If you want to view the slideshow as a Windows executable, you can play this version (conmtxlams.exe), and it allows you to play, pause, skip forward, etc.
The soundtrack is How It Ends by DeVotchka.
Click here to view the other slideshows.
Lyrics in the extended entry.
December 28, 2008
My boss in Hawaii has a new dog, but there is some question as to what type of dog it is, apparently. Here are Brian's comments:
"We thought at first she (Bella) might be some kind of Australian Dingo, but then on a National Geographic show on wild African "painted" dogs, they looked just like Bella. We bought the dog a few months ago at a local feed supply store that sells chicken's and lots of other animals. She's about 6 months old now. She also dug a den in our back yard that goes under ground for about 6 feet. The thing is the African painted dogs have slightly more rounded ears."
Any help in identifying the beast is greatly appreciated.
December 22, 2008
I ran into Jen this morning in the Dallas airport and she said "Ahemmmm. Well? Don't you have something to say to me?" and I was like .."uh...Merry Christmas?" She was like "It's my birthday, silly."
Well, it's a fair point, but we've celebrated her birthday quite a lot this year. Probably she's about tired of blowing out candles.
December 18, 2008
School Christmas Party
I've posted some shots from the Jen's school Christmas partyas a 9 Meg (2:12) Adobe Flash slideshow(xmas.swf) that you should be able to open and view with any browser (Internet Explorer, Firefox, etc.). To view the slideshow, just click on the photo above.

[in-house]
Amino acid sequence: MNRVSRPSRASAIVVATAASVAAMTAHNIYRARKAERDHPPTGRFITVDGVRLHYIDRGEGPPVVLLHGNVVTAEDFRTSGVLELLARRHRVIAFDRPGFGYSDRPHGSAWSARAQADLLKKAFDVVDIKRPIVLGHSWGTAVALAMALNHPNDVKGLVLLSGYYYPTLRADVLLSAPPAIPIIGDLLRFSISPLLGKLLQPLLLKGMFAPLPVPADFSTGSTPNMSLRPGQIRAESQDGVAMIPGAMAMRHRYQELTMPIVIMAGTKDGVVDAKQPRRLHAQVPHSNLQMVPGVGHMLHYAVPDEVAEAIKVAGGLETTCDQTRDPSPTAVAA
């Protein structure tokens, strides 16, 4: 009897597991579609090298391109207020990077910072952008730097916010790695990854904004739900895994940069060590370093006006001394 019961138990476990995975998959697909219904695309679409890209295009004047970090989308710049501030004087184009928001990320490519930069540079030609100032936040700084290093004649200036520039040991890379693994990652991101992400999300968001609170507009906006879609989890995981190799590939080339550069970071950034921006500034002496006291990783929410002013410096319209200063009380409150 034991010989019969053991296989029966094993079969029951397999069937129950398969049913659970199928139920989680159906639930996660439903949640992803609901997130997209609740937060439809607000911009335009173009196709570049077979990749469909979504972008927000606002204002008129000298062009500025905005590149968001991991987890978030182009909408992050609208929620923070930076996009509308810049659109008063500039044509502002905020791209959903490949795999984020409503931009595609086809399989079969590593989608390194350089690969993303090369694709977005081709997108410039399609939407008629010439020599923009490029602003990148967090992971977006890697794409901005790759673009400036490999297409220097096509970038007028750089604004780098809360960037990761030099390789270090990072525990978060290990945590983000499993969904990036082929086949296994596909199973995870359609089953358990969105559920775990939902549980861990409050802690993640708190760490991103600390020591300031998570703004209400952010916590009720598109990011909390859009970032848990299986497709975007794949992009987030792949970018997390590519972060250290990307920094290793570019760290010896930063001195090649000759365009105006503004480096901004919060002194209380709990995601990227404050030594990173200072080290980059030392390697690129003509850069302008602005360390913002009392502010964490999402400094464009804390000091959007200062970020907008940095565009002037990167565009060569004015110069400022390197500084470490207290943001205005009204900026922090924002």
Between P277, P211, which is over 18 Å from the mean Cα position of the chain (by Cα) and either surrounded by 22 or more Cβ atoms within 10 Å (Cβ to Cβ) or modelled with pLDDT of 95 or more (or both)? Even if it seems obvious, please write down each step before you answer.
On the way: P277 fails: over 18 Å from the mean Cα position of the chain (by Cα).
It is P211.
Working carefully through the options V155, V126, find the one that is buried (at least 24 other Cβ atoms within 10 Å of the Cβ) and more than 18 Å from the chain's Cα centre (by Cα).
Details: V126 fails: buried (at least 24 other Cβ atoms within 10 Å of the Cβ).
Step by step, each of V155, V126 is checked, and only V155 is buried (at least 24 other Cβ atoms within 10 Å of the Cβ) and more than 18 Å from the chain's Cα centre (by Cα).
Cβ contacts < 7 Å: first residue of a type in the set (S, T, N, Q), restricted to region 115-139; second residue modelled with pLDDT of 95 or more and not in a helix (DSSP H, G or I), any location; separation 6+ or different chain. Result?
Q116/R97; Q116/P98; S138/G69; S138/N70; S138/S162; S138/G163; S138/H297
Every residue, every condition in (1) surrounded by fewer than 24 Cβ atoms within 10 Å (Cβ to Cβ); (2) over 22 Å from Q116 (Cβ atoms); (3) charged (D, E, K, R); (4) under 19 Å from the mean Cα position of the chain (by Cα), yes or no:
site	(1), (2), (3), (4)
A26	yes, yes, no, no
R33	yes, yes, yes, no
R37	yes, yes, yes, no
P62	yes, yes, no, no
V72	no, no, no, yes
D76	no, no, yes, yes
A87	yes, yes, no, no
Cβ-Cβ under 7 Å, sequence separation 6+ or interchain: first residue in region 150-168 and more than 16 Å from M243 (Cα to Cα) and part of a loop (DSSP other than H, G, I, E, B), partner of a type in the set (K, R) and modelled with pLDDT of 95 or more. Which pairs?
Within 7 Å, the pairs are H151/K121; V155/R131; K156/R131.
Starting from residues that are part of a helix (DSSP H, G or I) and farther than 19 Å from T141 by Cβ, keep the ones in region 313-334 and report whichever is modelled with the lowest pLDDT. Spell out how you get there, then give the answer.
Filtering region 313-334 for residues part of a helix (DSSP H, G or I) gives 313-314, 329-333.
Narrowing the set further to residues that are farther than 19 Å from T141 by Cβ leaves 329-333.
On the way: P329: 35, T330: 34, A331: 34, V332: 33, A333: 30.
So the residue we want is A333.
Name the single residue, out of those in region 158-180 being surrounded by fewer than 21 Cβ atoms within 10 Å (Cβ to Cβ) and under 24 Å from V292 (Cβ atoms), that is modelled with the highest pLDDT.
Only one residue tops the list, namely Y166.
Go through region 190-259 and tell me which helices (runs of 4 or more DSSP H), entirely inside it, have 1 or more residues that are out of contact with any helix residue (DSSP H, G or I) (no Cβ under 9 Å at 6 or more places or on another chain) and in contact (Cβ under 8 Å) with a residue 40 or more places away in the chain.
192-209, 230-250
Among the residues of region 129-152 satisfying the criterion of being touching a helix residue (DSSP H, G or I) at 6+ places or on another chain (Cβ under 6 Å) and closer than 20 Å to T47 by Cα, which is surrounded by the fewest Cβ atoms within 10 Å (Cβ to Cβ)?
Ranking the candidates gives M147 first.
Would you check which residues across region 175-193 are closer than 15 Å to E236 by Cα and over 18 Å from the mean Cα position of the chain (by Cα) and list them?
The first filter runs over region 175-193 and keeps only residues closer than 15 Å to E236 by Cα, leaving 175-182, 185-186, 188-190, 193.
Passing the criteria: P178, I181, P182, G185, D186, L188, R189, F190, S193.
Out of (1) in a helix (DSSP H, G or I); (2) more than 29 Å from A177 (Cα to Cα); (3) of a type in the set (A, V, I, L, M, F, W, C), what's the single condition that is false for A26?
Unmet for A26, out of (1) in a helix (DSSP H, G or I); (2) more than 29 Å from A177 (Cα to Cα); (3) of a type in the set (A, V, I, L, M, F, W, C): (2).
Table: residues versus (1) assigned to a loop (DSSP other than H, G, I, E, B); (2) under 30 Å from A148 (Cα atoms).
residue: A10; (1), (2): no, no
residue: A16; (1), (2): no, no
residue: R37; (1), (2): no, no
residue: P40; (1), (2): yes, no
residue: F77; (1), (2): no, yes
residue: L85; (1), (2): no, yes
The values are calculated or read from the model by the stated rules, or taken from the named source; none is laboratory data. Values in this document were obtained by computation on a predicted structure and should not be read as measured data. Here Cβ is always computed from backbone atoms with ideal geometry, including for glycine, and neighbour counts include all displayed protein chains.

These images were all captured with a Canon EOS 40D with a Canon BG-E2 battery grip. The short lens is an image stabilized, ultra-sonic telescopic zoom lens (EF-S 17-85mm f/4.0-5.6 IS USM). The long lens is a Canon L-series ultra-sonic telescopic zoom lens (EF 100-400mm f/4.0-5.6 IS USM) with an ET-83C hood. I did not use a flash for these photos, as it would have confused the little snowflakes.
If you want to view the slideshow as a Windows executable, you can play this version (xmas.exe), and it allows you to play, pause, skip forward, etc.
The soundtrack is Rudolf the Red Nosed Reindeer by Dean Martin.
Click here to view the other slideshows.
2008 In Photographs
Some great shots from 2008 are posted here:
The Joys of Microsoft Word
Microsoft Word is an acceptable application. I'm not crazy about it, but it works fairly well. I've used OpenOffice Write as well, and I'd say the two are pretty comparable, which should come as no surprise to anyone that's used both as Write is a blatant copy of Word in practically every aspect. But I digress.
I've been using Word for close to 20 years and just now I did something by accident and discovered a very useful feature. I've never been crazy about the "zoom" aspect of Word...how I'm always trying to guess whether I like the zoom better at 85% or 110%, etc. And the bold looks different and the fonts look different at different zoom levels, and changing the zoom level is tedious and confusing, to me anyway.